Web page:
Mlle. Boulanger, an outstanding musician, has come from abroad principally to give courses in Cambridge; and yet with a few exceptions no Harvard students are able to audit or enroll in any of her courses. This is indeed an unfortunate restriction on men with musical interests who are thus deprived of some of the best musical instruction and criticism in the world.
There are many reasons for this state of affairs. In the first place the Harvard Music Department cannot afford a truly worthwhile investment like Mlle. Boulanger, for the authorities do not even supply enough money to take care of the courses already in progress. In the second place, like certain interests who are afraid of competition from foreign coolie labor, the authorities object to women on the Harvard Faculty and put up a tariff against them. Harvard Faculty women now number three--and they were only admitted after a noisy struggle.
Last year Radcliffe kindly offered to allow a few properly qualified Harvard graduates to take Mlle. Boulanger's seminar course; and the Harvard Faculty Council agreed. But not a word was mentioned about her undergraduate lecture course, Music 24, a comparative study of old and new music, which is of wide interest to a large number of people. One hundred Radcliffe girls have enrolled in this course; but positively no auditors are allowed, first because the classroom is already full, and second because it is felt that a Radcliffe course should not be polluted by Harvard men. These being the most important reasons for the present state of affairs, it is easy to see that Mlle. Boulanger's sphere of influence is restricted by a host of technicalities, traditions, antagonisms, and sectional interests.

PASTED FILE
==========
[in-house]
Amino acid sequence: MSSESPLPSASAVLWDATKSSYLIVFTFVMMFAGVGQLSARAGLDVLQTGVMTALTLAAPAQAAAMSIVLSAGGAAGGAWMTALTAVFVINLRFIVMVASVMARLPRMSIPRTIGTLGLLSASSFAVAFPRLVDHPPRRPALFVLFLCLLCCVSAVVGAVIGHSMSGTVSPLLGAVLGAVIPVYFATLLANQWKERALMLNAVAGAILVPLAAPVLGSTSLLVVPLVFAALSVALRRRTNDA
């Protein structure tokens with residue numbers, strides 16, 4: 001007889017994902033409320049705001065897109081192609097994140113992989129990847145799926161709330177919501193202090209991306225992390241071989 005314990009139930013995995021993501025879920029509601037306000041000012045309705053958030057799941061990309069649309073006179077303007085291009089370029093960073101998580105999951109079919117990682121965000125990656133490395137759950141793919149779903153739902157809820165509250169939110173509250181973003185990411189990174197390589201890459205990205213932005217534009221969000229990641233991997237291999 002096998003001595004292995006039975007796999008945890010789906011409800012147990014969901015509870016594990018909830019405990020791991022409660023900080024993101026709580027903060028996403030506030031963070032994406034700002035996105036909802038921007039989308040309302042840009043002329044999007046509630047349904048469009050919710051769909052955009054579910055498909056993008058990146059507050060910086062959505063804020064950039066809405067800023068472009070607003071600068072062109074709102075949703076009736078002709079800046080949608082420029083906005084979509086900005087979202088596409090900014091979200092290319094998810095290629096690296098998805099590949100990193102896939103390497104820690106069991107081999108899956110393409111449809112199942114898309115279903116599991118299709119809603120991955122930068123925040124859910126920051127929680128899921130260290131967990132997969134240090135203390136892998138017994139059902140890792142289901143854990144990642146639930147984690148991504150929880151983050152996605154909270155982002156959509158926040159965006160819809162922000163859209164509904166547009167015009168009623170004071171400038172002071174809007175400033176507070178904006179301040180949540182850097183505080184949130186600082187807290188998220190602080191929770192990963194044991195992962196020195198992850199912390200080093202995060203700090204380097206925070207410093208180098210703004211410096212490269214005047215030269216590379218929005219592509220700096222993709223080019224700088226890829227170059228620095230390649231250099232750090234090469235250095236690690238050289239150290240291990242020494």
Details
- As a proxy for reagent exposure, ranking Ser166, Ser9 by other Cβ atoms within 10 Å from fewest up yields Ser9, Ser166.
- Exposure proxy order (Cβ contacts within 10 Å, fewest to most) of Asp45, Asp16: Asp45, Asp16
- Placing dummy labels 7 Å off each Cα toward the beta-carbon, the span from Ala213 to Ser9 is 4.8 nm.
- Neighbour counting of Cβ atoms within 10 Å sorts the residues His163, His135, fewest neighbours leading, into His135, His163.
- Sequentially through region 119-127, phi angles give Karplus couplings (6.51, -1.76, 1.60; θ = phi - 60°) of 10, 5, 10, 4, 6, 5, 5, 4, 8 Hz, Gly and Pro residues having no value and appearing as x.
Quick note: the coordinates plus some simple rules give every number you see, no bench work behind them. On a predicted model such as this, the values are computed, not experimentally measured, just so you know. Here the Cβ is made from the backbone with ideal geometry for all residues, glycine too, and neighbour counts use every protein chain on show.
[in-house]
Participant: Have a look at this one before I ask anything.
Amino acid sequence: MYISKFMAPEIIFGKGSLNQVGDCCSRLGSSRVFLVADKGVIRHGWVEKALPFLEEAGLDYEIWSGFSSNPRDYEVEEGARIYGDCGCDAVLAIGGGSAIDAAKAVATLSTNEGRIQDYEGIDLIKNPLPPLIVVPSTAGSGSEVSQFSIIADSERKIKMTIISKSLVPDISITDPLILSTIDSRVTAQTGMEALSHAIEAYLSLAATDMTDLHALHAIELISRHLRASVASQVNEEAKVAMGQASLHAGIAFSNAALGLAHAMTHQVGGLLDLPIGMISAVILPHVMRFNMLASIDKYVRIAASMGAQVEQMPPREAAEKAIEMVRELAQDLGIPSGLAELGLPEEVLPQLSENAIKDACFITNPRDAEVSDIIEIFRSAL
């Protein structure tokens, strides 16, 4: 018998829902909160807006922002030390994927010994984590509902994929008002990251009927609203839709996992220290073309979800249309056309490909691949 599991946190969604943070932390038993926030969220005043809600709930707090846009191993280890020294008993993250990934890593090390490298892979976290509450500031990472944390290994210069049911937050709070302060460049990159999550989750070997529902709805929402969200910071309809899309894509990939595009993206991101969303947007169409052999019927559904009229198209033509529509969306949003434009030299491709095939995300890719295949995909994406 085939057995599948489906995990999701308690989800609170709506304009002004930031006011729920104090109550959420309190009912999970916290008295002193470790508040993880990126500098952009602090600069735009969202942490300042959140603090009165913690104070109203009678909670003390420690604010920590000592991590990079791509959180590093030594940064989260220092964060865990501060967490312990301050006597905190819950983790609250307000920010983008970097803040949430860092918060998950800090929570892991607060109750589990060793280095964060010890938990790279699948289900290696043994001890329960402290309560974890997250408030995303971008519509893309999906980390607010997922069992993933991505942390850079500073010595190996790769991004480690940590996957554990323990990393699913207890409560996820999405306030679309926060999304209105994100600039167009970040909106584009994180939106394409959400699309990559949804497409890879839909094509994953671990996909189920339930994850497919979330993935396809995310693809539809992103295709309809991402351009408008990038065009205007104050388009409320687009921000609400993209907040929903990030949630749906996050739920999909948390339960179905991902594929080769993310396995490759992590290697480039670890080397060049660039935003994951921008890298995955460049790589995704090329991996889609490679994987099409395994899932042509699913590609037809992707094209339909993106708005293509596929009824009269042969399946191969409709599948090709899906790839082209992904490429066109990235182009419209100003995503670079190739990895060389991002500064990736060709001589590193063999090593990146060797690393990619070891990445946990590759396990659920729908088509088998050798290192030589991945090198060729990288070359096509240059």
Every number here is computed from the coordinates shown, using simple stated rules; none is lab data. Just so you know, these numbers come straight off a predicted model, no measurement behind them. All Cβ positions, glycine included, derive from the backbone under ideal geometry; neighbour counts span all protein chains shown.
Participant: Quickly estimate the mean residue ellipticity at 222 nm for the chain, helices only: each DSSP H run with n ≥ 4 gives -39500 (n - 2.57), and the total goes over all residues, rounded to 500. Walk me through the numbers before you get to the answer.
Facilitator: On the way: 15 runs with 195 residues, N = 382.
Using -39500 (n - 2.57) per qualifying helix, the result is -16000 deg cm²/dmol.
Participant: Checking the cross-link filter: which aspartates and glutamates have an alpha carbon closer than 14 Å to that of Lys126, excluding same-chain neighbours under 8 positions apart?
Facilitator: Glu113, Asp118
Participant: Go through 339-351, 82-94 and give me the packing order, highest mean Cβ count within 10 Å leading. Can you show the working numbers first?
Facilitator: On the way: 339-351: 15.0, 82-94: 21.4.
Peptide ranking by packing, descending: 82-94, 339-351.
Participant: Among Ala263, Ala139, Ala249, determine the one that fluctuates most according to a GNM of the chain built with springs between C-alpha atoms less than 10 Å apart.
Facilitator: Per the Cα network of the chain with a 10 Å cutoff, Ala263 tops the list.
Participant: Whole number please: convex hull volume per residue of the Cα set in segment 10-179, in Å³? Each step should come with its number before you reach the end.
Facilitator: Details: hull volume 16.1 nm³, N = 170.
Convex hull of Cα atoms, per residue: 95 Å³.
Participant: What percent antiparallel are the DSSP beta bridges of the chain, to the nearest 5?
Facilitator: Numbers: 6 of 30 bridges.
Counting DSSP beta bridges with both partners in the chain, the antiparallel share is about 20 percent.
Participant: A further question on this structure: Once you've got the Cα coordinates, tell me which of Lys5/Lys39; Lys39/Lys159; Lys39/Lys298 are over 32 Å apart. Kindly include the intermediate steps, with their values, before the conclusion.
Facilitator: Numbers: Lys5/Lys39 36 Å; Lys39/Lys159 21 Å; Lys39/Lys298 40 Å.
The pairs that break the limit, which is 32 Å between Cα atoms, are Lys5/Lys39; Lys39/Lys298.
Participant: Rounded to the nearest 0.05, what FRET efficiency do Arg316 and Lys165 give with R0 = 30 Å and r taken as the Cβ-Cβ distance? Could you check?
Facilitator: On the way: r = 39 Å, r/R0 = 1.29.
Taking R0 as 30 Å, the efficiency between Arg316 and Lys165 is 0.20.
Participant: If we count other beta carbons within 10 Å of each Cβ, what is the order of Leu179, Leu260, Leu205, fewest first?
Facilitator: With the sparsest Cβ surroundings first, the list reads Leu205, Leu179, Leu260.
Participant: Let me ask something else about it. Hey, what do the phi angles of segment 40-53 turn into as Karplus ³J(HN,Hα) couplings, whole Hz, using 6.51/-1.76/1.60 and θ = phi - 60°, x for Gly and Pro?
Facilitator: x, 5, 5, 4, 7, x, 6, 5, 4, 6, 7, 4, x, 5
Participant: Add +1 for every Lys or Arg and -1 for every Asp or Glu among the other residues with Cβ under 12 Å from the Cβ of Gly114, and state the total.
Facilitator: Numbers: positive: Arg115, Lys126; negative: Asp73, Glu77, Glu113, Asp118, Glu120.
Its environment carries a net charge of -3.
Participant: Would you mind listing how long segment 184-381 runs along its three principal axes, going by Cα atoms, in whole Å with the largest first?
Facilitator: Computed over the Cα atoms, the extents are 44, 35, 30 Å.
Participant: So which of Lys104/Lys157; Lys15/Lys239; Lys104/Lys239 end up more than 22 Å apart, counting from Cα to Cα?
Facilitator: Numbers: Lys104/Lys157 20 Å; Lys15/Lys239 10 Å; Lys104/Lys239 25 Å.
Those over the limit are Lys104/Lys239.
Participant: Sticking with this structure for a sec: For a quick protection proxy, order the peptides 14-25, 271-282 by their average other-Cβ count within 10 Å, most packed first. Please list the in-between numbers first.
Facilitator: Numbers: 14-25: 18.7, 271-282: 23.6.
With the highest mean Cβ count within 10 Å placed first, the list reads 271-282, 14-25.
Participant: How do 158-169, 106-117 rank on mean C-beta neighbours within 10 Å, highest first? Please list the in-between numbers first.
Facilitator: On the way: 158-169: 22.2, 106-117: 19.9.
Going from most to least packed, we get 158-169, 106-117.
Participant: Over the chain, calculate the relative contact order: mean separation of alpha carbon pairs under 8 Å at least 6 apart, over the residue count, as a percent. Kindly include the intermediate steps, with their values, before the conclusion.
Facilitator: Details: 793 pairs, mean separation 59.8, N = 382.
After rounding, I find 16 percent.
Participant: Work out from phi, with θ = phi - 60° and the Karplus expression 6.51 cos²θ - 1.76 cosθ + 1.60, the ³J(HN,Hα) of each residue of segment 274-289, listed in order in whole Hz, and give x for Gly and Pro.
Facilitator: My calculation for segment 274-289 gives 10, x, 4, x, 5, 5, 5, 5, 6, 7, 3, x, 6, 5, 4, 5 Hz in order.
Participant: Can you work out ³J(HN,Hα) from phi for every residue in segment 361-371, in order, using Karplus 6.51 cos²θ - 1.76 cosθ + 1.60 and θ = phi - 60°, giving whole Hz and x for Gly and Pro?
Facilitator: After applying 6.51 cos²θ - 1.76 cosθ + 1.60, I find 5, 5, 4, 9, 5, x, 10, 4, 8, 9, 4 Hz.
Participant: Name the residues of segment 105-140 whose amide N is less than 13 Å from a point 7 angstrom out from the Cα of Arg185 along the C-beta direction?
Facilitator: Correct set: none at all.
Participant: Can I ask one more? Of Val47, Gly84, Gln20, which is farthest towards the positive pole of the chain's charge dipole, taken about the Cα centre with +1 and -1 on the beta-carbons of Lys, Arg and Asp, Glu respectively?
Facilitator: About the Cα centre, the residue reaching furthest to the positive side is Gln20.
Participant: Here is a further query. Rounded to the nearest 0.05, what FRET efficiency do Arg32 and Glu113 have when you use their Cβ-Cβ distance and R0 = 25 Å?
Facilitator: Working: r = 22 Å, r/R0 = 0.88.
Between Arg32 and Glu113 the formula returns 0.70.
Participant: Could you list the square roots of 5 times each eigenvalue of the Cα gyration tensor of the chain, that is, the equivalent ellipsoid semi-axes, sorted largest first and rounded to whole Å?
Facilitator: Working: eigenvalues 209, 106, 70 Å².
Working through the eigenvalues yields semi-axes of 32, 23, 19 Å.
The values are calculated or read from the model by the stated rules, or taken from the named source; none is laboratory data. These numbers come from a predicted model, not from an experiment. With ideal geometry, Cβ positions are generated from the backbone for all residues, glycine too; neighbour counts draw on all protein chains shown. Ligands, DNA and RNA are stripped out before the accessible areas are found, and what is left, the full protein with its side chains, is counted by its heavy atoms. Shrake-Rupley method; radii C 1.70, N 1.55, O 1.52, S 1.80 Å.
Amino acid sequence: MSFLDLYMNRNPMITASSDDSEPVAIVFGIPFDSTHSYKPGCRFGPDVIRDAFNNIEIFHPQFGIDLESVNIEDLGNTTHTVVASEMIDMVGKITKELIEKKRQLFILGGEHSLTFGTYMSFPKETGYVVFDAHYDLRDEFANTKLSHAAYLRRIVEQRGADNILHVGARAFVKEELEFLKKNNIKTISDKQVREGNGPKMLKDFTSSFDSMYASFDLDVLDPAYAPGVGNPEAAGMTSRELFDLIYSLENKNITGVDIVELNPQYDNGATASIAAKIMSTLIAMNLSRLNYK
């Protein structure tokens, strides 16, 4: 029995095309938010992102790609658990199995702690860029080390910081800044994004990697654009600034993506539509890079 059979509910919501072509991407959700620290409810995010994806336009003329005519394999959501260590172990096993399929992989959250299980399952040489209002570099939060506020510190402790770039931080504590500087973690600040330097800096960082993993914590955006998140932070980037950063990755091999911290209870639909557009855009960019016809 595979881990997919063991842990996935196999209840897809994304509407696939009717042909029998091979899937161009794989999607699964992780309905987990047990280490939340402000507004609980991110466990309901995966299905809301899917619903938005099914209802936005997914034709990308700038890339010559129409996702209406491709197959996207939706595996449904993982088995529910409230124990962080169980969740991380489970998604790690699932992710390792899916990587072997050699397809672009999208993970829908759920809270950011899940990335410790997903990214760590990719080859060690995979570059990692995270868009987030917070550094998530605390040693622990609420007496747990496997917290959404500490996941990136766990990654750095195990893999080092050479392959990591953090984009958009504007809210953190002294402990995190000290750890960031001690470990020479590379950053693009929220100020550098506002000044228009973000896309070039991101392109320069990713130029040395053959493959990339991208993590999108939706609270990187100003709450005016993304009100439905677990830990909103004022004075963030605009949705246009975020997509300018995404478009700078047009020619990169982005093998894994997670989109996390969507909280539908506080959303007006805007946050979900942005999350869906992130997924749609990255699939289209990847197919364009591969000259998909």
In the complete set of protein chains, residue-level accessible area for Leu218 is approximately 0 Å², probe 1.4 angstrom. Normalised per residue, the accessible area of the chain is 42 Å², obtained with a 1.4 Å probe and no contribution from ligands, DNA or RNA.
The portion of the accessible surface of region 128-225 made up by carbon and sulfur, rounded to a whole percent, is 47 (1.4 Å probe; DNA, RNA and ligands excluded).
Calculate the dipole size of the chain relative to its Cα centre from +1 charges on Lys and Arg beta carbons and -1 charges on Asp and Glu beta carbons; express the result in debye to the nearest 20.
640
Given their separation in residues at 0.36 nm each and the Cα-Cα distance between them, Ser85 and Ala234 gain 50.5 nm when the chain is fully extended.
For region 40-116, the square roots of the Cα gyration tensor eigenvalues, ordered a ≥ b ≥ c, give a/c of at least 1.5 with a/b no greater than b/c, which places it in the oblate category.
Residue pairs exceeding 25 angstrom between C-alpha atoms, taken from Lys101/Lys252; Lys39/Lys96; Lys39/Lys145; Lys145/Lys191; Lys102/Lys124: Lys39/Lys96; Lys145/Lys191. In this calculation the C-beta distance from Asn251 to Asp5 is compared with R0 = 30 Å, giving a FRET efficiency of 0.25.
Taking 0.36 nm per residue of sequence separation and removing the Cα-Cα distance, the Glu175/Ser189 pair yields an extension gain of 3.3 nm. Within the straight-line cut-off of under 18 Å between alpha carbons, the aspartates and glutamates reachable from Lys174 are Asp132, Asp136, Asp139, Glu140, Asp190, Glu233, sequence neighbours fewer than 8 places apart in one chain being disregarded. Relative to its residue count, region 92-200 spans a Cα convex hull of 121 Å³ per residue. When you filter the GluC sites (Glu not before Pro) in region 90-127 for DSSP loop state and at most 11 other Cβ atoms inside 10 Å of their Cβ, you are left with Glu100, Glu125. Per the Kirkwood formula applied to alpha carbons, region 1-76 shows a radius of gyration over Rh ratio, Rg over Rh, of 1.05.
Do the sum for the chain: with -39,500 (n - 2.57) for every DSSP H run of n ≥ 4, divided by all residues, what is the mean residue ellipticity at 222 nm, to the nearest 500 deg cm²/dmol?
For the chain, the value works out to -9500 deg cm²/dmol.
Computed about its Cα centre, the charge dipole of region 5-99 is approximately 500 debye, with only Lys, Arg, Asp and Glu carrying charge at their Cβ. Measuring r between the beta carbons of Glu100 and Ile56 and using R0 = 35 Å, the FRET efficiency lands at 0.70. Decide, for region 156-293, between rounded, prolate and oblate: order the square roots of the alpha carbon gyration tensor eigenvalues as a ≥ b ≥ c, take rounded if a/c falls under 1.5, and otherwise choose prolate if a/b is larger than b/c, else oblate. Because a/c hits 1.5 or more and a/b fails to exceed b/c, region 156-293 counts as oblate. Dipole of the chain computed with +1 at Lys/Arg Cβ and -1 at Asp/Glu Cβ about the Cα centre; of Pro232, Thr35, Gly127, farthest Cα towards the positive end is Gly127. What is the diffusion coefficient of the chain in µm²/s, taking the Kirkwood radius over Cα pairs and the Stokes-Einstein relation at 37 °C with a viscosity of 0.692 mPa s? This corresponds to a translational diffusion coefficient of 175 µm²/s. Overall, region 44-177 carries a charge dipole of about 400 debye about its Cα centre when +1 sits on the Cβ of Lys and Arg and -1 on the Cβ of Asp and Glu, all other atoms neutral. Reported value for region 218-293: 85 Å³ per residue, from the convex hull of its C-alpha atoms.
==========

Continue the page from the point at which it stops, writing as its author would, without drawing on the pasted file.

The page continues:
Certainly all these can be cleared away for the good of everybody. Music 24 might be shifted to a much larger classroom where men could audit the course if they could not take it. Though Radcliffe is under no obligation to make a move of this kind, such a plan of action in the interest of music might well warrant an exception to the old rules of the game.